Monday

A Premature Baby Story x 2

In 2003, I was over the moon upon learning that I was pregnant with twins. Not only had I spent nearly a year and half taking pregnancy test after pregnancy test, only to see the negative symbol, but I had watched many of my friends get pregnant and give birth in the same amount of time.

And finally, not only was I pregnant, but I was pregnant with twins - something else I had always wanted.

I happily went about my business that summer, even when I felt a strange tightening in my abdomen at only fourteen weeks.

Then, at my twenty week appointment, my doctor lowered the boom. Not only did one of my babies have a birth defect, but I was also in pre-term labor and would have to go on bed rest for the duration of my pregnancy.

This was one time in my life that my stubbornness served me very well. I ended up being on bed rest for fourteen and a half weeks. Luckily, I was at home, and only on three medications.

Two days before New Year's Eve, I started having excruciating back pain. Since I wasn't due until February, I didn't think anything of it other than the fact that I was carrying two babies. When the pain didn't abate two days later, I went to the hospital to be checked.

Upon my arrival, I promptly threw up, and the nurse announced, "Yep, you're in labor."

It was six and a half weeks before my due date. My babies were born on New Year's Eve.

After Joey and Slim were born, they were immediately whisked to the Newborn Intensive Care Unit (NICU). I didn't even get to hold them.

The NICU was a scary place to me - all the plastic incubators, the hand washing stations, the caution, the quiet. I'd never experienced anything like it.

The day I left the hospital without my babies was the hardest day of my life up to that point. I remember taking a random part of my rented breast pump up to the nurses station and trying to ask what it was for, but bawling so hard the words wouldn't come out.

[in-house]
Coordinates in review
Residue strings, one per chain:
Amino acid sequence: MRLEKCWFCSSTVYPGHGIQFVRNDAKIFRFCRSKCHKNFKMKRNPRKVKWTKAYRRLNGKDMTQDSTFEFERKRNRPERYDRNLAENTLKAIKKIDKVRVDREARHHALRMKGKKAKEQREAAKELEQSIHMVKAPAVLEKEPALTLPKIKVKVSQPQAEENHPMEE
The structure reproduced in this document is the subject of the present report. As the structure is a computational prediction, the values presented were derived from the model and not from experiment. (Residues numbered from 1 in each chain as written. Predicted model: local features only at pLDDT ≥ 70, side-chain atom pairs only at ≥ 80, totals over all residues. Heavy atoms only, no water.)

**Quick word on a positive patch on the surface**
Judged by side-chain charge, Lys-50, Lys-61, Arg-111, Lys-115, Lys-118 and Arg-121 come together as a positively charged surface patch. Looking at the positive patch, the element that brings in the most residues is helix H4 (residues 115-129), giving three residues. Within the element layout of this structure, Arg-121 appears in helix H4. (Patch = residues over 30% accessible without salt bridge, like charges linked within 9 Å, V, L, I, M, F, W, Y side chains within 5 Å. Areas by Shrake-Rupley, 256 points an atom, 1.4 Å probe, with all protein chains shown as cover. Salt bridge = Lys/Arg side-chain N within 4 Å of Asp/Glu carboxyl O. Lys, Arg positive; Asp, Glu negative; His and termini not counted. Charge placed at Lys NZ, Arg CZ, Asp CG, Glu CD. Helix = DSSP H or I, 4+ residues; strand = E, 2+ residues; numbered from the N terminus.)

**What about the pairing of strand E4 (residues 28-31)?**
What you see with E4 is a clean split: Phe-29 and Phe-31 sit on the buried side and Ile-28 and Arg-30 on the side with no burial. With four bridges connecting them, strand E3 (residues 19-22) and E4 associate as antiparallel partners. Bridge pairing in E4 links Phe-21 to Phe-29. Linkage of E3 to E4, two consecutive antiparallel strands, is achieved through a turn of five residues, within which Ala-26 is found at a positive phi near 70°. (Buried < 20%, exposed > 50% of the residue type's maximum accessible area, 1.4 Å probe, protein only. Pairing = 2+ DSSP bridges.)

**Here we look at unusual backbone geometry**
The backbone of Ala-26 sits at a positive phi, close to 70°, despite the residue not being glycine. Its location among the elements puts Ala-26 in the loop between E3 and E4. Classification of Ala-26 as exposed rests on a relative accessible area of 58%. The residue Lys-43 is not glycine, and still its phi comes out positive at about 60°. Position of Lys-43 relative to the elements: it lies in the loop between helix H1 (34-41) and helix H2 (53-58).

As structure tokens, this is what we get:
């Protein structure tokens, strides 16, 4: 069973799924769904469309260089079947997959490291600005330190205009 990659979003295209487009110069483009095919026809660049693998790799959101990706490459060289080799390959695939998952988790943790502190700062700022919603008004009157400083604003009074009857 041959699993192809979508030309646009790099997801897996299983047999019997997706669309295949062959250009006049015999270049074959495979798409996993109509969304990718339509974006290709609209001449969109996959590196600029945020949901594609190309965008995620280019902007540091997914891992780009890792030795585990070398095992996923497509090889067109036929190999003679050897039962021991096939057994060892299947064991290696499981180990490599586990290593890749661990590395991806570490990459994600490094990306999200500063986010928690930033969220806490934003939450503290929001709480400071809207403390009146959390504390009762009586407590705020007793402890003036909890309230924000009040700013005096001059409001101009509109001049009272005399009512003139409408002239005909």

I spent every day in the NICU, rocking, holding, and learning how to nurse and take care of my babies. I look back on their days there with fondness.



I was lucky. We were lucky. All the boys needed was some time under the bilirubin lights. They needed to grow and eat and get strong. They were never in any danger. There was never the possibility that I would not be taking them home.

Right next to Joey and Slim's little section was a section reserved for a little baby girl with an exotic name. The curtains were always closed because her condition was very dire. Her parents lived three hours away, so they were never there with her. The nurses had become very attached to her.

One morning I came skipping into the NICU, excited to see my babies. I noticed that the curtains to the girl baby's section were open, and she was gone.

She had died in the night. All the nurses were crying that morning.

I drew the curtains on our section, gathered my two babies up in my arms, and we rocked and cried for quite a while.

After 12 and 17 days respectively, Joey and Slim got to come home, and we never looked back. We were very lucky.



More than an estimated half million babies in the United States alone are born prematurely, and I found a statistic on the Huffington Post that put the number at 8 million world wide. Yesterday was World Prematurity Awareness Day, and I'm linking my story up with Four Plus an Angel. The linky will be open all week and for every link shared, a donation will be made to the March of Dimes.

Incidentally, the March of Dimes has given a "C" rating to the United States in regard to preterm birth rates. That's a First World Problem we don't want to have.

Please read other's stories and share yours if you have one. Let's help shed some light on this issue one story at a time.















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